Half-Hour Quotes (displaying: 1 - 26 of 26 quotes )
I blame myself without reserve for my weakness. It was merely weakness. One half-hour with Art was always more to me than a cycle with you. Nothing really at any period of my life was ever of the smallest importance to me compared with Art. But in the case of an artist, weakness is nothing less than a crime, when it is a weakness that paralyses the imagination.
It had occurred to me to follow her through into the next room, visitors or no visitors, and bring her back for a talk. But in the end I had decided in favour of waiting where I was for her return. Sure enough, a few minutes later, Sophie had come back into the room, but something in her manner had prevented me from speaking and she had gone out again. In fact, although during the following half-hour Sophie had entered and left the room several more times, for all my resolve to make my feelings known to her, I had returned to my newspaper with a strong sense of hurt and frustration.
After dinner the babies get fussy and Min puts a mush of ice cream and Hershey's syrup in their bottles and we watch The Worst That Could Happen, a half-hour of computer simulations of tragedies that have never actually occurred but theoretically could. A kid gets hit by a train and flies into a zoo, where he's eaten by wolves. A man cuts his hand off chopping wood and while wandering around screaming for help is picked up by a tornado and dropped on a preschool during recess and lands on a pregnant teacher. ("Sea Oak")
It's no good. I've been trying to sleep for the last half-hour, and I can't. Writing here is a sort of drug. It's the only thing I look forward to. This afternoon I read what I wrote... And it seemed vivid. I know it seems vivid because my imagination fills in all the bits another person wouldn't understand. I mean, it's vanity. But it seems a sort of magic... And I just can't live in this present. I would go mad if I did
It seemed as though he gave way all at once; he was so languid that he could not control his thoughts; they would wander to her; they would bring back the scene,- not of his repulse and rejection the day before but the looks, the actions of the day before that. He went along the crowded streets mechanically, winding in and out among the people, but never seeing them, -almost sick with longing for that one half-hour-that one brief space of time when she clung to him, and her heart beat against his-to come once again.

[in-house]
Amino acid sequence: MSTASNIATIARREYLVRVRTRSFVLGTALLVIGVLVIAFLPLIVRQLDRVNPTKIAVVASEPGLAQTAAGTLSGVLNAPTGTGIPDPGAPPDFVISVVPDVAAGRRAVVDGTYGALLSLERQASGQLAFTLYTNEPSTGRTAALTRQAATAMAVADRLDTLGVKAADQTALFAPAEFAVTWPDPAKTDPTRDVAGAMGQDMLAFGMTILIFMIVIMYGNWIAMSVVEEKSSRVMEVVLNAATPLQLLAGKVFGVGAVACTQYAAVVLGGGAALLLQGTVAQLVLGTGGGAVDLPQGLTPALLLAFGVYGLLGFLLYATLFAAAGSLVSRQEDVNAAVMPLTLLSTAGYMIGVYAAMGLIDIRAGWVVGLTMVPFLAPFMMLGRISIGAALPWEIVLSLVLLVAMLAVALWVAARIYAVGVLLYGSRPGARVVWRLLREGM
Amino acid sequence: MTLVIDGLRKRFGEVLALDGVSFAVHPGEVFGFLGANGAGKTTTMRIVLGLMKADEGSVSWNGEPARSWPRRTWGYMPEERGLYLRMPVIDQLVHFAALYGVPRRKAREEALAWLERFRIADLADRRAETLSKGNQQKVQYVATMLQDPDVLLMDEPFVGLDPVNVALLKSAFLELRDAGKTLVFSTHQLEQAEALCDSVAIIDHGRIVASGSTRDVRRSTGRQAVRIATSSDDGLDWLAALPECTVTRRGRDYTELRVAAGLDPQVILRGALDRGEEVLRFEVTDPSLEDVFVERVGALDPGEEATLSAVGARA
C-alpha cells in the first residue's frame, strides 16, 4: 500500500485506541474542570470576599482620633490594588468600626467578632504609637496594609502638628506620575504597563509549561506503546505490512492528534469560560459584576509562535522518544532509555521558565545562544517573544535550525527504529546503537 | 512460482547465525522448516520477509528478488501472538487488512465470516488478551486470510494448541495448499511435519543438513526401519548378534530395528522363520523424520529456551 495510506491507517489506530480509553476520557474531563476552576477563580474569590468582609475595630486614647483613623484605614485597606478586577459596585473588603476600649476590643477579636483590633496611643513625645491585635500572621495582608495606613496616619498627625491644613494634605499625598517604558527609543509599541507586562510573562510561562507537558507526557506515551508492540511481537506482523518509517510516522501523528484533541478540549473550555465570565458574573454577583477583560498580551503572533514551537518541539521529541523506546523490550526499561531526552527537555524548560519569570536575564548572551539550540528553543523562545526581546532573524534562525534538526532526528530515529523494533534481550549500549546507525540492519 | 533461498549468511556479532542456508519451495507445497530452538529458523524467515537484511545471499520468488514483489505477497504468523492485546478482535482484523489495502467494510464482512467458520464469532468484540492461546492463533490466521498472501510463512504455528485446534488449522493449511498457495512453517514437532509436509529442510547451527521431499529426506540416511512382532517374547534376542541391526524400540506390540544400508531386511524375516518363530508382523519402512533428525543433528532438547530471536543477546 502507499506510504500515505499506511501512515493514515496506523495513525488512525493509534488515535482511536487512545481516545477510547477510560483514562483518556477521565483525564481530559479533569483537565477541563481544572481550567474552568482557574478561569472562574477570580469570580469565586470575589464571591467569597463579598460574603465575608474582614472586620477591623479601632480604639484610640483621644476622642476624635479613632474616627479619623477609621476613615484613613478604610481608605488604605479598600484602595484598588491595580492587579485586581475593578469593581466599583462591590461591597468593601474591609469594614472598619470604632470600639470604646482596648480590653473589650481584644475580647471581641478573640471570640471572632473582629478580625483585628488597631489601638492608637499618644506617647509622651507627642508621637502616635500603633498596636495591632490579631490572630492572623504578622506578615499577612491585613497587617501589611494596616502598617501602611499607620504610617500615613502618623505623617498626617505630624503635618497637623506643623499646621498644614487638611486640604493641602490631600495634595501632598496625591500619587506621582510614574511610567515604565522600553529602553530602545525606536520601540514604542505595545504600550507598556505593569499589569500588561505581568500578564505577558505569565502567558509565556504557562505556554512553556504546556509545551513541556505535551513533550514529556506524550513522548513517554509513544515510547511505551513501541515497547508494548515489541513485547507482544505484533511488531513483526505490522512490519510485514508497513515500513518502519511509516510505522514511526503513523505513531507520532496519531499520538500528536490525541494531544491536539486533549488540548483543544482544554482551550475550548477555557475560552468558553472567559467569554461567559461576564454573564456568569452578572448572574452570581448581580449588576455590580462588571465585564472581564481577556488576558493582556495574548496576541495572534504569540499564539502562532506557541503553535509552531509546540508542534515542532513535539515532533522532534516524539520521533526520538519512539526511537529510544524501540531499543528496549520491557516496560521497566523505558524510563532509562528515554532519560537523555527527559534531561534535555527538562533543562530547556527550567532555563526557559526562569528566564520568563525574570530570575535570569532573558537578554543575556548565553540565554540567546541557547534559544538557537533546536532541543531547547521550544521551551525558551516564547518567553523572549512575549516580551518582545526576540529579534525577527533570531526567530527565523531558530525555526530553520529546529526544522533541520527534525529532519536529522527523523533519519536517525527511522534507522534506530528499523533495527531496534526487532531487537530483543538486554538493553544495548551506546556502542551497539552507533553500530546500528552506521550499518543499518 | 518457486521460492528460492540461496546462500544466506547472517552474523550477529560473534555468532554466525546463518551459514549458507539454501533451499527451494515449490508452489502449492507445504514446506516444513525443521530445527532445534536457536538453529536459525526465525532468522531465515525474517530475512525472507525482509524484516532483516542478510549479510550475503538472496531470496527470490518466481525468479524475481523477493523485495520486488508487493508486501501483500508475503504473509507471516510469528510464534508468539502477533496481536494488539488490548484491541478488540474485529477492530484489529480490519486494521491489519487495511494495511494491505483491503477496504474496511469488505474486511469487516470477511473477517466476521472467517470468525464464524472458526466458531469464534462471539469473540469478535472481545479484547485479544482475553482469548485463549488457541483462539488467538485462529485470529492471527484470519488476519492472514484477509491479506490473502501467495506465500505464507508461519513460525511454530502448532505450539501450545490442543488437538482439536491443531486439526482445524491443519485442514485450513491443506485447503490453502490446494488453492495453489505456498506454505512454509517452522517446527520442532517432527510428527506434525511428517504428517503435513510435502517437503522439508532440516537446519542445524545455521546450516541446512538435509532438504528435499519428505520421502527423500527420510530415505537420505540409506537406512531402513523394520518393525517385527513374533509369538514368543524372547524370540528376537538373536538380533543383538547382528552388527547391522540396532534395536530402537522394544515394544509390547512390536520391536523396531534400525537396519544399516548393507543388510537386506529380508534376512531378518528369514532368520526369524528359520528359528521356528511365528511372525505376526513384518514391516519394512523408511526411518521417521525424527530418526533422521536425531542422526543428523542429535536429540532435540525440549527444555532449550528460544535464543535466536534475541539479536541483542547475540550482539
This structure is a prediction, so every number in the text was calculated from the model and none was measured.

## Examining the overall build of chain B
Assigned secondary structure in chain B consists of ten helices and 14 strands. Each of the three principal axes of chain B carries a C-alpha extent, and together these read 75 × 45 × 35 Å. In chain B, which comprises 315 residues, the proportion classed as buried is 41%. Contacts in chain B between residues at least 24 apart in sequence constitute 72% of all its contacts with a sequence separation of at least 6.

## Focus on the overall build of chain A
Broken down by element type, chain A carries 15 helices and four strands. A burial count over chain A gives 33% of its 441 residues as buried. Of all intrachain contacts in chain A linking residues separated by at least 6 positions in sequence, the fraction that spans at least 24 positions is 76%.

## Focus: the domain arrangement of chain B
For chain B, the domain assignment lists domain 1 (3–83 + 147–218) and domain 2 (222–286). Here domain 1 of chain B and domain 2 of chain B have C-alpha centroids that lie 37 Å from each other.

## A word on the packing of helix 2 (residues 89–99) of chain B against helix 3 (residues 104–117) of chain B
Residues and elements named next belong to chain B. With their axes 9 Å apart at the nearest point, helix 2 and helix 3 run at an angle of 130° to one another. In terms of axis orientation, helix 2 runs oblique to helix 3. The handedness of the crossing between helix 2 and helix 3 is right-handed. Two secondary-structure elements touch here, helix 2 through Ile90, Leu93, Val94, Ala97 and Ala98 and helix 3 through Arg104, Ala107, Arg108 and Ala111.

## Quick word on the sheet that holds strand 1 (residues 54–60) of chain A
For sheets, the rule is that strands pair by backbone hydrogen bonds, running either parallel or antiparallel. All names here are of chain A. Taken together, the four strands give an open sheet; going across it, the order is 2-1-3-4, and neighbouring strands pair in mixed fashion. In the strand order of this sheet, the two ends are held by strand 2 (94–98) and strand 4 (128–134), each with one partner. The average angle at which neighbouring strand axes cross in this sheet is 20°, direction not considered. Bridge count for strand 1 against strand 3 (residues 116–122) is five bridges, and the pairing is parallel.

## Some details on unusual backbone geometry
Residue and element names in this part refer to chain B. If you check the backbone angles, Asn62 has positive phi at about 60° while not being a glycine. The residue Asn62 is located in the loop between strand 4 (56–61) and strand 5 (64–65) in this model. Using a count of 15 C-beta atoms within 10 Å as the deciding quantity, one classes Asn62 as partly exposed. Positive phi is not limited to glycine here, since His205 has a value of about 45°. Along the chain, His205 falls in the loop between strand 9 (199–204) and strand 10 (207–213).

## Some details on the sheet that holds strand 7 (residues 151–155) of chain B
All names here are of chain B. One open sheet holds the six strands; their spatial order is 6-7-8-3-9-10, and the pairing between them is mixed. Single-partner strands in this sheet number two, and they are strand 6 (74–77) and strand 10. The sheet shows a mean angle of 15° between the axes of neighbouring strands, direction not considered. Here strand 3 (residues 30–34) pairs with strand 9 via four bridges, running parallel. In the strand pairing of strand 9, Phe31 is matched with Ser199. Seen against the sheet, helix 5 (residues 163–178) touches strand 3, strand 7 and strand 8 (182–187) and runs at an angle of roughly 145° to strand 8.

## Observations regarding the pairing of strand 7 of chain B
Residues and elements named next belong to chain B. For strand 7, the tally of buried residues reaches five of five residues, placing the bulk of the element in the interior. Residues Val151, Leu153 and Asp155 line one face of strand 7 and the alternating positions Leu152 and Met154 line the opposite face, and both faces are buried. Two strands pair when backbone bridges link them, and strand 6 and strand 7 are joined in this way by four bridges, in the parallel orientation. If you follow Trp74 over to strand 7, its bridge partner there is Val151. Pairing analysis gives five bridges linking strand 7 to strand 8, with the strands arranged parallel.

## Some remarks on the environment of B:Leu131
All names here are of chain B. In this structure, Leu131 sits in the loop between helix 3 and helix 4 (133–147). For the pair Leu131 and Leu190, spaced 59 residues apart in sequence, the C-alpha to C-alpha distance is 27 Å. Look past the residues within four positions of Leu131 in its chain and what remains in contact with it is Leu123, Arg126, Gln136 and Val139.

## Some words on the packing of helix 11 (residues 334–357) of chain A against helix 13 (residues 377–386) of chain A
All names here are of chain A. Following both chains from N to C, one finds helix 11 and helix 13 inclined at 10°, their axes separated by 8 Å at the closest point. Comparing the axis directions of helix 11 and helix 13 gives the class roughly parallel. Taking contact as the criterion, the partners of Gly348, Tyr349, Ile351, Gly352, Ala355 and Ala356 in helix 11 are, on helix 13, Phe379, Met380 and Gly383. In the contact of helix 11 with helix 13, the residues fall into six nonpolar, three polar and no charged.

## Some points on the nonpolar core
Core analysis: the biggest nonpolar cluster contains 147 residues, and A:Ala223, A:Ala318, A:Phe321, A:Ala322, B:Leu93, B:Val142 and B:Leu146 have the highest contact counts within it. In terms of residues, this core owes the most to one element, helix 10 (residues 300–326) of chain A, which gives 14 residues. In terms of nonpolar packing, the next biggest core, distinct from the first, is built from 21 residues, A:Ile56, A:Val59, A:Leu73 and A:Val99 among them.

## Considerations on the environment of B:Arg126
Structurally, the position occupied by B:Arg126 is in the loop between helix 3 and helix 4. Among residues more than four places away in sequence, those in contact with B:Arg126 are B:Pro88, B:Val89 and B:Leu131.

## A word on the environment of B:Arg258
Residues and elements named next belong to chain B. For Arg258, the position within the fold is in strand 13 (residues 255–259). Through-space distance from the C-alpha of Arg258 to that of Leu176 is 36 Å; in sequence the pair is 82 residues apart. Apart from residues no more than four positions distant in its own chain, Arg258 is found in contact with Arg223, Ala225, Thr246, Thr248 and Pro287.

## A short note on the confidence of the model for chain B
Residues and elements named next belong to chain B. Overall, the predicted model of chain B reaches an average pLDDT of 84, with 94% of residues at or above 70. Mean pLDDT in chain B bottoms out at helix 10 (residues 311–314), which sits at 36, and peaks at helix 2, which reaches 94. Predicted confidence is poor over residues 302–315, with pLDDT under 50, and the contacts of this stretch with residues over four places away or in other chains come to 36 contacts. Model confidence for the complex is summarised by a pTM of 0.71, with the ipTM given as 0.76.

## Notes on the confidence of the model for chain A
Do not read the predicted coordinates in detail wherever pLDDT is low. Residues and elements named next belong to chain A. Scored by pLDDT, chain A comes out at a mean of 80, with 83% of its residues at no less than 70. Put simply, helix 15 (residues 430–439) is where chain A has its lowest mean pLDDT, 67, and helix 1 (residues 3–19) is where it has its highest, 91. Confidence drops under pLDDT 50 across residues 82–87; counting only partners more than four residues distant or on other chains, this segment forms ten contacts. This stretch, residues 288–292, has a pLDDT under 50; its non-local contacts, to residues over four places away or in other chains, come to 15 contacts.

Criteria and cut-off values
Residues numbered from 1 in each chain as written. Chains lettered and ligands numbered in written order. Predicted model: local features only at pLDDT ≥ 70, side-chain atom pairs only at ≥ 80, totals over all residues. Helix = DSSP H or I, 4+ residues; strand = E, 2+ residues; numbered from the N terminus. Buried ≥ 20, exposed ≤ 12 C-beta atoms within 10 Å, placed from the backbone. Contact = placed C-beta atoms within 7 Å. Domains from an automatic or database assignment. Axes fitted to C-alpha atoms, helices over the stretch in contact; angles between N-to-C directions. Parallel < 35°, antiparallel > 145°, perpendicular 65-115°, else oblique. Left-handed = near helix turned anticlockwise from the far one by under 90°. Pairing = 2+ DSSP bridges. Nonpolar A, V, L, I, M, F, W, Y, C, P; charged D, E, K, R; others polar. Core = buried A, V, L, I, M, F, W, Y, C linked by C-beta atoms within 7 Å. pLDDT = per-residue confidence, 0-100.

I like idling when I ought not to be idling; not when it is the only thing I have to do. Thatis my pig-headed nature. The time when I like best to stand with my back to the fire, calculating how much I owe, is when my desk is heaped highest with letters that must be answered by the next post. When I like to dawdle longest over my dinner is when I have a heavy evening's work before me. And if, for some urgent reason, I ought to be up particularly early in the morning, it is then, more than at any other time, that I love to lie an extra half-hour in bed. Ah! how delicious it is to turn over and go to sleep again: "just forfive minutes." Is there any human being, I wonder, besides the hero ofa Sunday-school "tale for boys," who ever gets up willingly?
Women never have a half-hour in all their lives (excepting before or after anybody is up in the house) that they can call their own, without fear of offending or of hurting someone. Why do people sit up so late, or, more rarely, get up so early? Not because the day is not long enough, but because they have 'no time in the day to themselves.' 1852
Is growin' up always miserable?" Sonny asked. "Nobody seems to enjoy it much." "Oh, it ain't necessarily misearble," Sam replied. "About eighty percent of the time, I guess." They were silent again, Sam the Lion thinking of the lovely, spritely girl he had once led into the water, right there, where they were sitting. "We ought to go to a real fishin' tank next year," Sam said finally. "It don't do to think about things like that too much. If she were here now I'd probably be crazy again in about five minutes. Ain't that ridiculous?" A half-hour later, when they had gathered up the gear and were on the way to town, he answered his own question. "It ain't really, " he said. "Being crazy about a woman like her's always the right thing to do. Being a decrepit old bag of bones is what's ridiculous.